STA, 1 November 2021 - Prime Minister Janez Janša highlighted the need to create a realistic path to implement the goals from the Paris climate agreement as he addressed the World Leaders Summit, a high-level political event held in Glasgow as part of the ongoing COP26 climate conference.
Moving away from coal and oil is a key element in reaching the set goals, and nuclear energy could replace fossil fuels as a transition source of energy, Janša said.
He stressed it was urgent to act to limit climate warning. "It is high time to create a realistic path to the 1.5 degrees Celsius goal," he was quoted by his office.
As the presiding EU country, Slovenia makes efforts towards this goal, yet the EU, contributing just 8% of global CO2 emissions, cannot solve the problem on its own.
He thus urged all countries to produce their offers saying that "everyone must take their share of responsibility to ensure that our common efforts are effective".
"Our goal is to reduce emissions by 55% until 2030 and we are making efforts to modernise our climate and energy legislation," Janša said.
However, he stressed that the common measures are by far not enough to reach the goals set at the Paris climate conference in 2015.
"By the UN's estimate, the amount of greenhouse gas emissions by 2030 will be by 16% higher than it was in 2010."
Janša also said he understood hesitation, so he stressed that "our efforts must not endanger social cohesion and economic development".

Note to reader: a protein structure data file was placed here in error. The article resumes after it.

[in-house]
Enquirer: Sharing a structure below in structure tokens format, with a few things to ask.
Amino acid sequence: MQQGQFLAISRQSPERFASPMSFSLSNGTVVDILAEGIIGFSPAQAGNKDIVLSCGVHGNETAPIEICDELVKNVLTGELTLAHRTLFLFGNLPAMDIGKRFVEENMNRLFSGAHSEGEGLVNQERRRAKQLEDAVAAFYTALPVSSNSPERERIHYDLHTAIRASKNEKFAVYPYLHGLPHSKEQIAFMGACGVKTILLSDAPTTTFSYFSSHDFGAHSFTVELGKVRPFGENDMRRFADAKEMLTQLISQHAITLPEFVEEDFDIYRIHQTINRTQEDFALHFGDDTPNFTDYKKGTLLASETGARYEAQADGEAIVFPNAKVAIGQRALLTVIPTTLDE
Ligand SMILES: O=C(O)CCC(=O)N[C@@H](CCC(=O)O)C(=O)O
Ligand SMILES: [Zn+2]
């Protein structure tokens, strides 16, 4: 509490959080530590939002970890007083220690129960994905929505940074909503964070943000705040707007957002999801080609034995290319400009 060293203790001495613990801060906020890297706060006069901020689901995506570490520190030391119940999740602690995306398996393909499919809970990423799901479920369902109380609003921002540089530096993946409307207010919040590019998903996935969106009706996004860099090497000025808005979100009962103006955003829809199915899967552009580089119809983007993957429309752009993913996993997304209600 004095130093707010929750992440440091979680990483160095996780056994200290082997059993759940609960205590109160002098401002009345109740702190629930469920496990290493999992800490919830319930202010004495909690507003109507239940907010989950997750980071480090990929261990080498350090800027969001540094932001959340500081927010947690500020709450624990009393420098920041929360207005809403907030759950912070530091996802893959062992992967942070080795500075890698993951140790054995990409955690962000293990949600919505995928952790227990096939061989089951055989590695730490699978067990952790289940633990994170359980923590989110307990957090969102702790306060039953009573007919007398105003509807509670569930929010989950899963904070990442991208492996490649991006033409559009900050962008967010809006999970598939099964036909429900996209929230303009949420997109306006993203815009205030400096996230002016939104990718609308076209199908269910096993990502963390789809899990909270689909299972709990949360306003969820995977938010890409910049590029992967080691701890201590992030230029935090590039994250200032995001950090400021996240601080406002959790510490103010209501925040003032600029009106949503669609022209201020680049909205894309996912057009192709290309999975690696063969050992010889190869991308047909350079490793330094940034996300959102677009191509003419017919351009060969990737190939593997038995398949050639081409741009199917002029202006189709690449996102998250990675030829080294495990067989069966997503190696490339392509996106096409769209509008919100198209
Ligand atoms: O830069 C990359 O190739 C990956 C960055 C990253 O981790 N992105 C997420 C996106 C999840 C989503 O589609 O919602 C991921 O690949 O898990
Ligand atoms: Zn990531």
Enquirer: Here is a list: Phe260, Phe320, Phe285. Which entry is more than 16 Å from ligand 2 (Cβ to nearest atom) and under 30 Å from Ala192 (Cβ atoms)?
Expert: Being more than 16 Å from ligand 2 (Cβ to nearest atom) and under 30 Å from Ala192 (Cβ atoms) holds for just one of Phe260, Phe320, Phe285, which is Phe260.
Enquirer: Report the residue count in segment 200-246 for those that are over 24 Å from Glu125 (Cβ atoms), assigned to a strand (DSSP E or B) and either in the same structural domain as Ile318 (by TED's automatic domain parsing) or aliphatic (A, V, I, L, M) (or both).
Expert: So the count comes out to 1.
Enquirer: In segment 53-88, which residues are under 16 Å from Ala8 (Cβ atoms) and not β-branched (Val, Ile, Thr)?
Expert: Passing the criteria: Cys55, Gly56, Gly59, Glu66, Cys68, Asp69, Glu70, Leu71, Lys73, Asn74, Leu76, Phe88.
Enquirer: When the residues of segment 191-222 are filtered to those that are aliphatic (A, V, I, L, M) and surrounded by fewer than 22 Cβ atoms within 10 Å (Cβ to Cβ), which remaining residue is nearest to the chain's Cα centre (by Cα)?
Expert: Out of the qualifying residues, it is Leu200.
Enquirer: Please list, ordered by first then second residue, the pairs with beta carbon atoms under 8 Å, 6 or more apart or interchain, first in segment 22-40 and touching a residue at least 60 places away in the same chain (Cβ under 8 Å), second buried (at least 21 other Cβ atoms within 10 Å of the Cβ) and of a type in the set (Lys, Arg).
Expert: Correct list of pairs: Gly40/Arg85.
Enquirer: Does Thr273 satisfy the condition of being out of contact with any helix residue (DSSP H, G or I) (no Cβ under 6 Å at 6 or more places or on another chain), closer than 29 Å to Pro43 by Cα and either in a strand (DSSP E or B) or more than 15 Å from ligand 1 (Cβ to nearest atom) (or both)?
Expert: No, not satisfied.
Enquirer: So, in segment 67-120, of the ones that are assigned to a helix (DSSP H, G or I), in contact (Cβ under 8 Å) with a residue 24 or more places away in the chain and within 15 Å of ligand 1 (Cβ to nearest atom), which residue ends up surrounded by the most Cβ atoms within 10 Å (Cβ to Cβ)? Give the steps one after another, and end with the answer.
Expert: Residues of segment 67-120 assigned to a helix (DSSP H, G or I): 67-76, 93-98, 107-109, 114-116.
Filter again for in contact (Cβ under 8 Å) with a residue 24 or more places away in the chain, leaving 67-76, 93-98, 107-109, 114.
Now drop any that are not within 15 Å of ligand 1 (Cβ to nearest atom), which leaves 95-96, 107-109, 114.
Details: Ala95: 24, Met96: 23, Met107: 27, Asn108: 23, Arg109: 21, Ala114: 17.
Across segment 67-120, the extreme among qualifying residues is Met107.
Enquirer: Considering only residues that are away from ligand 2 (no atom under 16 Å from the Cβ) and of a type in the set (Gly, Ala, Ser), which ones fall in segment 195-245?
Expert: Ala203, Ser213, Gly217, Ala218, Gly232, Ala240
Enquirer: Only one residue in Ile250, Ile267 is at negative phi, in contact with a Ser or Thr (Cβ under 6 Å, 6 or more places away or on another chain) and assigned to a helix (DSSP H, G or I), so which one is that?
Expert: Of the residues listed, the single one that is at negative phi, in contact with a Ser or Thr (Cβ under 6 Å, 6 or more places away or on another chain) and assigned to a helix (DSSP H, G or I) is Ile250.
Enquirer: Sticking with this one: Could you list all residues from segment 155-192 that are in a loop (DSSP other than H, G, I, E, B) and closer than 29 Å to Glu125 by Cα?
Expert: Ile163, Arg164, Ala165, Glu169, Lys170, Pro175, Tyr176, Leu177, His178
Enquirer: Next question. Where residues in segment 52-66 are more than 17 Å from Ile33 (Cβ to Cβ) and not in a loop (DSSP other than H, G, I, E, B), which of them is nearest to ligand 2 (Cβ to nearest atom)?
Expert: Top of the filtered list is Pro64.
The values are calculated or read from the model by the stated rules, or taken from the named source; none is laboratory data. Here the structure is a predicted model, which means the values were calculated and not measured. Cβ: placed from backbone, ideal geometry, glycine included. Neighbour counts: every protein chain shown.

He believes that "technological and political innovations will enable finding new ways to implement all the three set goals".
He said more investment in new technologies is needed to develop cleaner, safer and more efficient energy, such as energy from hydrogen or fusion.
Slovenia remains firmly committed to reach the common goals with a realistic approach. "We have adopted a long-term strategy which sets the goal of climate neutrality by 2050 and the path to it."
Janša moreover urged all countries to contribute to the best of their abilities, and concluded by saying: "Let's make sure that this summit is a success."
On the sidelines of the two-day world leaders summit, Janša held several bilateral meetings, including with Serbian President Aleksandar Vučić, Georgian PM Irakli Garibashvili, Indonesian President Joko Widodo and South Korean President Moon Jae-in.
He also met Indian PM Narendra Modi, European Council President Charles Michel, Czech PM Andrej Babiš, Spanish PM Pedro Sanchez, Maltese PM Robert Abela, Romanian President Klaus Iohannis, among others.
The prime minister, who will end his visit to Glasgow on Tuesday, is also scheduled to meet some other world leaders, and IAEA boss Rafael Mariano Grossi.